“Well, I don’t mean to interrupt your little concert,” she said, “but I wanted to confirm that you were coming to Austin next weekend for Chester’s graduation. He and Margaret have been planning this party for months. He even got a two-bedroom Airbnb near campus. You know how Dad hates hotels.”

“I do,” I said, my throat tightening.

My brother was…a genius. There was no other way to put it. He’d started winning chess tournaments at seven. He won the National Spelling Bee at twelve. He graduated from high school two years early and had three bachelor’s in four years from Baylor. They’d offered him the most amount of money, which was how he’d chosen them from the two dozen universities that had recruited him. He was only two years older than me and graduating from University of Texas-Austin with his PhD in biochemistry.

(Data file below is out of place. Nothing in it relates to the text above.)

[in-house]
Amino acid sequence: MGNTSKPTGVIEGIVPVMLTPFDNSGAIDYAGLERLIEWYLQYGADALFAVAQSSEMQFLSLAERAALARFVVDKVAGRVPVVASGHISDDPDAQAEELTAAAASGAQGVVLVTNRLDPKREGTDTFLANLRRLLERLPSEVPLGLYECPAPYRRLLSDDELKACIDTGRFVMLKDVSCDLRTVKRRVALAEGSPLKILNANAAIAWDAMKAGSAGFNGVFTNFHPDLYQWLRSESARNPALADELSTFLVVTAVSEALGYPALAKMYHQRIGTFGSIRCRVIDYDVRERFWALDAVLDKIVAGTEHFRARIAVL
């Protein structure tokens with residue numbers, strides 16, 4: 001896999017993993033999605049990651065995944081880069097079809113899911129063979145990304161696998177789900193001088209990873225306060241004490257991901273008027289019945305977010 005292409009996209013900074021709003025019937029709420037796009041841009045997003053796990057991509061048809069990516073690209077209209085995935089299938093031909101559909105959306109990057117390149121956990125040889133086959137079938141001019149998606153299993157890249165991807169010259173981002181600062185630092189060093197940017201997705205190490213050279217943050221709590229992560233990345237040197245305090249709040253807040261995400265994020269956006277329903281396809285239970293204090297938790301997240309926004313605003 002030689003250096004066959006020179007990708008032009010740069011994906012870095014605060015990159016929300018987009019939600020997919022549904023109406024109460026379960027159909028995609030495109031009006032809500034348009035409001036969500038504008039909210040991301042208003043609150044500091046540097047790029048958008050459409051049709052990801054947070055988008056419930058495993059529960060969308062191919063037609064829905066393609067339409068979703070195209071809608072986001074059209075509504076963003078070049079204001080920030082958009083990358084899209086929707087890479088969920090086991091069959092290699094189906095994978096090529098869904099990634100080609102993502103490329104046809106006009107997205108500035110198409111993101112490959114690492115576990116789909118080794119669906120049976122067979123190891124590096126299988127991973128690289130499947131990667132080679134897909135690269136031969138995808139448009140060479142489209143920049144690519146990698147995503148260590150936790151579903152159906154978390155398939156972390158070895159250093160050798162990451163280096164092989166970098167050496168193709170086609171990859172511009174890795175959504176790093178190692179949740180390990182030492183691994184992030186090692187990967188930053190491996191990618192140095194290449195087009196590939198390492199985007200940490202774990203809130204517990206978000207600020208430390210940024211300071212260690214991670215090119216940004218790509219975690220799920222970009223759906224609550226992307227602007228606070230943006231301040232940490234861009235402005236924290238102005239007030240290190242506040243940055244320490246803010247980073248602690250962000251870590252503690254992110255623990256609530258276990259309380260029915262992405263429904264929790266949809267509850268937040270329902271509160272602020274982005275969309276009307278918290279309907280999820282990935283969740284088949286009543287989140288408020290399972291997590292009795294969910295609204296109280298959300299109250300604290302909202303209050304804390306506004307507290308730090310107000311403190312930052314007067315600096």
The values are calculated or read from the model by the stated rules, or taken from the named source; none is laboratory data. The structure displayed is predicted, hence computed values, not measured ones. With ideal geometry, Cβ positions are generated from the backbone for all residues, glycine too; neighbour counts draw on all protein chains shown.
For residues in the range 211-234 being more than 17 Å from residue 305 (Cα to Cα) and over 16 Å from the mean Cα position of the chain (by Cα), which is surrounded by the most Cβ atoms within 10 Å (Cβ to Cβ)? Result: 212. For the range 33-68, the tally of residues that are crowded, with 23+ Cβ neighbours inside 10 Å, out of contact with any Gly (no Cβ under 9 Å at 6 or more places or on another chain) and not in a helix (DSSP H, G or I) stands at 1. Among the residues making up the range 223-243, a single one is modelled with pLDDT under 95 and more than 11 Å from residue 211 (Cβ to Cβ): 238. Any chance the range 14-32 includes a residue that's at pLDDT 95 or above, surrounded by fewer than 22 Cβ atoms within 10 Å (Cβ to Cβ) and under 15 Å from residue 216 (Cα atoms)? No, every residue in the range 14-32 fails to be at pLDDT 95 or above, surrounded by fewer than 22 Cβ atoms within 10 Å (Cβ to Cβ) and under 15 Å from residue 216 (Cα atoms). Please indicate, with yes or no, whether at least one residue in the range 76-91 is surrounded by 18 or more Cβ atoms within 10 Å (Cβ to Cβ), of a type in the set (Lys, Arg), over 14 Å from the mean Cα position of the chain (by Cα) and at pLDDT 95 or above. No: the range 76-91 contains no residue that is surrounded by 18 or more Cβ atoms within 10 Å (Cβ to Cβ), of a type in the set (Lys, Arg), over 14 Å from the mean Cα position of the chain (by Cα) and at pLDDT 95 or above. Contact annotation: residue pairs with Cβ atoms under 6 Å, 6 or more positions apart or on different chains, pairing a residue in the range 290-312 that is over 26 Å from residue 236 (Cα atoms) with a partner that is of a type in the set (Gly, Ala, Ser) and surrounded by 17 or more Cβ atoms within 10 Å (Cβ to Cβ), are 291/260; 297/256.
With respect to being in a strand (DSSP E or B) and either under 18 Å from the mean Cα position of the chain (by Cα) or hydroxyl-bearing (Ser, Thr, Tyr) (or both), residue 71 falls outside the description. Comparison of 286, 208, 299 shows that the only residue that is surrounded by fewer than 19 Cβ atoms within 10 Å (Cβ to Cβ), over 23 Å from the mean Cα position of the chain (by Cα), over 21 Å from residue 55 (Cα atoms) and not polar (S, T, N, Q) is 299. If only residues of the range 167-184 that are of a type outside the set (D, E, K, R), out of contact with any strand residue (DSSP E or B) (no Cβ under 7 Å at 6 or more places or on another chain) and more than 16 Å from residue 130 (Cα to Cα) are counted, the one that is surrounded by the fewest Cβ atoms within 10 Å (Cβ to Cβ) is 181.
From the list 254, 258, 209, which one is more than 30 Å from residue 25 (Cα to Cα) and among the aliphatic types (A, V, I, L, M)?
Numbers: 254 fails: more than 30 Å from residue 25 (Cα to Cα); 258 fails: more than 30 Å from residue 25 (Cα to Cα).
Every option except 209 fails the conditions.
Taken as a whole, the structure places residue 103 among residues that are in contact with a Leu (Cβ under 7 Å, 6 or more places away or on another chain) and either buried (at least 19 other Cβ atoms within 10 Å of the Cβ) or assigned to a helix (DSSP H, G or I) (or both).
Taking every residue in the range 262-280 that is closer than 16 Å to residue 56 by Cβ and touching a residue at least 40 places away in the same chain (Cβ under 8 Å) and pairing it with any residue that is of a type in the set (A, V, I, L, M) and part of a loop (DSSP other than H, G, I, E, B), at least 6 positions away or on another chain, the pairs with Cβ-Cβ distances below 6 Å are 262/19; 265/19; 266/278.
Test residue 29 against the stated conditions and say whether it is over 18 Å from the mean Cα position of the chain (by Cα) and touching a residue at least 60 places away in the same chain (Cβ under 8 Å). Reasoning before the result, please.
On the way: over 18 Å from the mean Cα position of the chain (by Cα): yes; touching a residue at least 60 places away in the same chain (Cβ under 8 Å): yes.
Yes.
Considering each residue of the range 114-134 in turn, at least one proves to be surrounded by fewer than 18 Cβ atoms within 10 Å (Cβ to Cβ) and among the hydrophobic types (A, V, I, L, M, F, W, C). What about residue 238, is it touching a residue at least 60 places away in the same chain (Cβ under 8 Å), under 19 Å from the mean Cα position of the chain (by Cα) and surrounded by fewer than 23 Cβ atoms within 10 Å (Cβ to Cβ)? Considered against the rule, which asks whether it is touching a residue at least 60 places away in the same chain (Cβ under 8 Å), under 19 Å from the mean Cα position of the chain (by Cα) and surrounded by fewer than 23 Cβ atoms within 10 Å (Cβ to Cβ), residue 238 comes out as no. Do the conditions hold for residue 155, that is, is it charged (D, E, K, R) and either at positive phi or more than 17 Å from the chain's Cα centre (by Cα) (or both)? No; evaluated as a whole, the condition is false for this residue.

I’d never measured up, and going to Austin to celebrate his latest achievement felt like another knife in the chest. But how could I deny them?

“I’ll send over the details to your email. It’ll be good to see Chester and Margaret. I’m so happy he’s in such a stable relationship.”

Unlike me. Though she hadn’t said it, I clenched my teeth together.

“Anyway, we can all drive together on Wednesday.”

“Wednesday?” I asked.

“Yes. Is that a problem?”

“I have to check my work schedule. I think I’m shooting a senior portrait on Wednesday. I can probably come down Thursday though.”

My mom huffed, “Fine, Thursday then.”

“Okay, Mom. I have to go. Looking forward to it,” I lied.

She tried to keep me on the phone for a few more minutes, and after saying good-bye twice more, I finally got off.